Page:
10 things I know about…having a brain tumour

Sarah O'Connor shares 10 things she knows about being diagnosed with a brain tumour

I was diagnosed with a benign brain tumour on the 24th of March this year. The technical terms for it are either acoustic neuroma or vestibular schwannoma. I just call it the pain in the arse thing in my head. It was discovered after I had a seizure type episode and was taken to the emergency at our local hospital.

They sent me for an MRI and I was told about it that day. They now think it could have possibly been some sort of brain bleed but at this stage they’re not sure. I am very dizzy and I have lost much of my balance but luckily (for me anyway) not my sense of humour. I will be having it removed on the 24th of June and I can’t wait as I can’t drive for approximately 6 months after the operation, nor before due to the dizziness. I feel like I’m in limbo but enjoying the enforced rest too.

Sarah O'Connor shares 10 things she knows about being diagnosed with a brain tumour
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1) How you are told is very important

I was told about my tumour as though it was straight from a movie. I was called to the office by the practice manager where I had my MRI done and asked if I had somebody with me. When I said my father in law was in the car they asked me what the car looked like and went and got him. Then they told me I had a brain tumour. After letting it sink in they then informed me that if I was going to get a tumour, this is the type I would want. In that endless five minutes I had left my children without a mother and was nearly passed out with worry.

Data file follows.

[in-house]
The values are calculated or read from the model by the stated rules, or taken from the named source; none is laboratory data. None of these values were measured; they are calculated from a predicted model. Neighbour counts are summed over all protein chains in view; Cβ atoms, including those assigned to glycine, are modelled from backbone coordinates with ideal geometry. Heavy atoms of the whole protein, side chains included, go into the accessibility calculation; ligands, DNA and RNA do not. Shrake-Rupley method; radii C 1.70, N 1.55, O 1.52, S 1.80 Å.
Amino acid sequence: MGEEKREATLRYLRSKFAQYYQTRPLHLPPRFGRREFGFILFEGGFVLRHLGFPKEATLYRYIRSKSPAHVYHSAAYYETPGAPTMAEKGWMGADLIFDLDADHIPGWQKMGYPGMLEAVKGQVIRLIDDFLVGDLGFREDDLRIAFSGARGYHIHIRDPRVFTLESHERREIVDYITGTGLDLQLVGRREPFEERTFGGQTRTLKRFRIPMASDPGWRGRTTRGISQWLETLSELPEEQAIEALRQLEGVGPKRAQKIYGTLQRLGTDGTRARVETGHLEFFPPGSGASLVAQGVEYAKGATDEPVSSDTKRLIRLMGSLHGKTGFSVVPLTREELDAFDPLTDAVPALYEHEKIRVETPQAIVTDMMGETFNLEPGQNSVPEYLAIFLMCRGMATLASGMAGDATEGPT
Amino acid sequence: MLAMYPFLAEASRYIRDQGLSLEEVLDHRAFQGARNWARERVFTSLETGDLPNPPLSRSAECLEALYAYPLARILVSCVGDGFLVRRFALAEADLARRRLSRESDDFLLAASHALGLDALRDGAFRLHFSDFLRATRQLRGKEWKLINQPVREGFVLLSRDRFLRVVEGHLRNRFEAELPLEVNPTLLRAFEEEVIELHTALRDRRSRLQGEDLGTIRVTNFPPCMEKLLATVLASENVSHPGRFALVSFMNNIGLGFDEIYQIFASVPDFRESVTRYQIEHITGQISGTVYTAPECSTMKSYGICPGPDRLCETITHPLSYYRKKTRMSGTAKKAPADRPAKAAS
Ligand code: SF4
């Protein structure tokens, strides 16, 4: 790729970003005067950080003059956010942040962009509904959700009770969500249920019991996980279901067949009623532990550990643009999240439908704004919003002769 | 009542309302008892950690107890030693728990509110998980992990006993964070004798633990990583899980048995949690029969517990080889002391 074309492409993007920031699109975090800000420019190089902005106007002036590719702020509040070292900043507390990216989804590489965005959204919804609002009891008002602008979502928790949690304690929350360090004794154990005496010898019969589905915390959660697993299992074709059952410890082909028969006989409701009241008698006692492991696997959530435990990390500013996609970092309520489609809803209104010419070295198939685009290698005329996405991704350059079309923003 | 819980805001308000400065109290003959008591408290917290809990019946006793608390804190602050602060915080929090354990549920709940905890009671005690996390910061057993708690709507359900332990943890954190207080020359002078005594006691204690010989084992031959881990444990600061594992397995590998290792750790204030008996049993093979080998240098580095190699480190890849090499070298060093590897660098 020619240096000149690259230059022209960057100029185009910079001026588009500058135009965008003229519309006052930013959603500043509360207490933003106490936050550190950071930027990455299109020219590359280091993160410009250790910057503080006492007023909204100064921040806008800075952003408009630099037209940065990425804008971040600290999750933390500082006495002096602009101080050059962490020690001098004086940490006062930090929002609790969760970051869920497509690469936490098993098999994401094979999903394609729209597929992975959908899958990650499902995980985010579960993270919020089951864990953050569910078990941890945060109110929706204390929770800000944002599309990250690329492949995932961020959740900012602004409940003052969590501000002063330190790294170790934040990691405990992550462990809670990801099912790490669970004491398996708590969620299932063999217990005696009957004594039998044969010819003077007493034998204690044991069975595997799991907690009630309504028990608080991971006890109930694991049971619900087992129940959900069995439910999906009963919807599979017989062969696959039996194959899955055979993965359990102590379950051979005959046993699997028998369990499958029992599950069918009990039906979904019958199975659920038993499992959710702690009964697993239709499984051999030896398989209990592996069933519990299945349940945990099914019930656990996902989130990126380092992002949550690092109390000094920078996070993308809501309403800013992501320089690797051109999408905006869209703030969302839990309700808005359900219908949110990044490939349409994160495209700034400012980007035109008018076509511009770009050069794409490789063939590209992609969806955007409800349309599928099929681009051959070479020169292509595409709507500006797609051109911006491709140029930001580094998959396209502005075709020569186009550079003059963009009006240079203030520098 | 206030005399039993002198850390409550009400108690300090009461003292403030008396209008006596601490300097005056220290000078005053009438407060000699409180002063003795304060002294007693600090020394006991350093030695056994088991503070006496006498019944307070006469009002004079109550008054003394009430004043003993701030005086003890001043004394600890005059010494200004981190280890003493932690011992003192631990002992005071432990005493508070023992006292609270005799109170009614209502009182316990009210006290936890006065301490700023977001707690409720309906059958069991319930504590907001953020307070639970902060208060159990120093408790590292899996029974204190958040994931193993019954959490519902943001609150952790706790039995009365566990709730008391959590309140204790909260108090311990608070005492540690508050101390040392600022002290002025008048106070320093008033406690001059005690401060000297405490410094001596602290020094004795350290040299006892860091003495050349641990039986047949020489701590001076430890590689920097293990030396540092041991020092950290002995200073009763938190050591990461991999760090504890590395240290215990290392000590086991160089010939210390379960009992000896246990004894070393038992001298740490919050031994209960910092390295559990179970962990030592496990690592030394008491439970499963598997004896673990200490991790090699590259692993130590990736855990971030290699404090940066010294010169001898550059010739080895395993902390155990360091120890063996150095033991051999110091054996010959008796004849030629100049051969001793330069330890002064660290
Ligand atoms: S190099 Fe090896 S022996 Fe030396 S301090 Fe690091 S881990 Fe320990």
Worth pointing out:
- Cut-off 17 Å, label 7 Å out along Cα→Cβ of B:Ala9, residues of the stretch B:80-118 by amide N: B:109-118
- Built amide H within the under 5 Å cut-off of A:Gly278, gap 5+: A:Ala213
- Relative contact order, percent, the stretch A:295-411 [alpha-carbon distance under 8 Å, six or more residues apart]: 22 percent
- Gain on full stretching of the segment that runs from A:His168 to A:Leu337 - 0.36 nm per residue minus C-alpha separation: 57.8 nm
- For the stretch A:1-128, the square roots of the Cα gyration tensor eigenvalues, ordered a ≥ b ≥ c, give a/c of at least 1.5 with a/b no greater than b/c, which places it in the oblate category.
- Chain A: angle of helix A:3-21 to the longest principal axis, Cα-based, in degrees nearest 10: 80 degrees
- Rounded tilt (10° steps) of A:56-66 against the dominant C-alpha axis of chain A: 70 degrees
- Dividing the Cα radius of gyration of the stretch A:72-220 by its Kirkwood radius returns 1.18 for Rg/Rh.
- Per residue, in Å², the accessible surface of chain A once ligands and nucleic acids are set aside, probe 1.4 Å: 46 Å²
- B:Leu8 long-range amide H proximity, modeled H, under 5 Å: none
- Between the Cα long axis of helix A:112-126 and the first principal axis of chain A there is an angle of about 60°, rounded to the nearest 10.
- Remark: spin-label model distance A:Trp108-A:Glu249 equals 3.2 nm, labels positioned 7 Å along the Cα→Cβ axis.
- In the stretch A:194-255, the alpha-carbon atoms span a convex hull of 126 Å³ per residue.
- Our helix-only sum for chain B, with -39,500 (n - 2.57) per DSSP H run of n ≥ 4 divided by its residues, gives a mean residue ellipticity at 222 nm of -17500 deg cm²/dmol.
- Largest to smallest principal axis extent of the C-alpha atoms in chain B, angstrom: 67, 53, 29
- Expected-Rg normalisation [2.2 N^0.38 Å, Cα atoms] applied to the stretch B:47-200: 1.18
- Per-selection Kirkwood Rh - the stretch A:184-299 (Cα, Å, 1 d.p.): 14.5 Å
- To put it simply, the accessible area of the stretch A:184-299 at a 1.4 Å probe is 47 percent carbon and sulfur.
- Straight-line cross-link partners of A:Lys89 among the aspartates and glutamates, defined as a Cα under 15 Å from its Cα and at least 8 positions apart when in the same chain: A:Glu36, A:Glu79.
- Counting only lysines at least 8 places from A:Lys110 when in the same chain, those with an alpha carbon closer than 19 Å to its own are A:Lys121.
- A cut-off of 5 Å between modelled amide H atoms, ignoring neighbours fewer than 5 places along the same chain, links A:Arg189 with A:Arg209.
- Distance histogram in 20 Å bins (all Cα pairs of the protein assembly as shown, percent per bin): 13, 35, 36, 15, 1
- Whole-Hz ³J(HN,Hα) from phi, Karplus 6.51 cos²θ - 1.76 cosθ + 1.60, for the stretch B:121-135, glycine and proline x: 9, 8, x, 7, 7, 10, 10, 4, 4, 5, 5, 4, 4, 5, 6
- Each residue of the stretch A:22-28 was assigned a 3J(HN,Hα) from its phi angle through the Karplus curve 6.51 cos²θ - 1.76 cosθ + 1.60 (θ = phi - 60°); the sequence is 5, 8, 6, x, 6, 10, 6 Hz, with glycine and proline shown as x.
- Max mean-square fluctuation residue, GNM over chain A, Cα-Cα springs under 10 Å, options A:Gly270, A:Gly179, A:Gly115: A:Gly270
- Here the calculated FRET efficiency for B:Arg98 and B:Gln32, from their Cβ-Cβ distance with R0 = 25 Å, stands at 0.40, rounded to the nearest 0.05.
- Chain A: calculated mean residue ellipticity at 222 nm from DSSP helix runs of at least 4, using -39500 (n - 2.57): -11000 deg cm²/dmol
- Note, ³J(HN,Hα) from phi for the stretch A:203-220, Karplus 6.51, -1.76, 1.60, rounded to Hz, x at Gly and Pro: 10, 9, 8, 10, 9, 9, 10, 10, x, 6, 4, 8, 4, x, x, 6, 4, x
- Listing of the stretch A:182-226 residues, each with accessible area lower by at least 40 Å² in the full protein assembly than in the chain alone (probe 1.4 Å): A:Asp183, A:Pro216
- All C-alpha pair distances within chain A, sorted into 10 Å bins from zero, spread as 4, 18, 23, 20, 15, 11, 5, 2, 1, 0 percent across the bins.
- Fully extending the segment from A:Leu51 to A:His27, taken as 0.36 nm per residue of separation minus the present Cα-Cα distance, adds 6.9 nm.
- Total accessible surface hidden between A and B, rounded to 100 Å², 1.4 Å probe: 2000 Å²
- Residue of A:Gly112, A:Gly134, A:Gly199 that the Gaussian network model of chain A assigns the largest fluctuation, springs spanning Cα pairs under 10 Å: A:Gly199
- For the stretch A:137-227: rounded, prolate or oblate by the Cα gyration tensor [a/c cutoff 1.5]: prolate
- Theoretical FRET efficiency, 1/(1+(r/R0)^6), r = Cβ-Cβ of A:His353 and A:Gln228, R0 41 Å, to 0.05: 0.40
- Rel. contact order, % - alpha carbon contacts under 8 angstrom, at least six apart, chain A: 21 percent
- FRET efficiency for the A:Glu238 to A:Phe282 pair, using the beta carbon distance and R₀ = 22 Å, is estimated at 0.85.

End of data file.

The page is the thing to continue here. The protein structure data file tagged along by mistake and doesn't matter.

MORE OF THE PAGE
2) Have a list of questions

I went to the Alfred Hospital neurosurgery department the day after my MRI. I had questions all ready, everything from having to fill in a form to be an organ donor to if the hospital had Wi-Fi for patients. If I think of anything now I write it down, I’ve had seven appointments so far, so there’s always a time and place to ask questions.

3) I am a glass half full person

I’ve always been a glass half full person. Except when I was still a drinker, then I was a glass half empty girl all the time! Some people may call it sticking my head in the sand but I don’t see the point of looking on the dark side of things, unless you know there is no other choice and you have to be prepared. Once I was told it was operable I wanted to get down to business and find out how to get rid of this sucker.

4) If you have extras on your private insurance you can buy wigs and claim them

I’ve always fancied myself with a wig, since shaving my head for the World’s Greatest Shave. I’ve kept it short ever since but I rang my provider and they said that yes, with a letter from my doctor, I can claim two wigs per year at $250 each. I thought I might as well take advantage. The picture is me in one of my new glamour hair dos.

5) There are always people worse off than you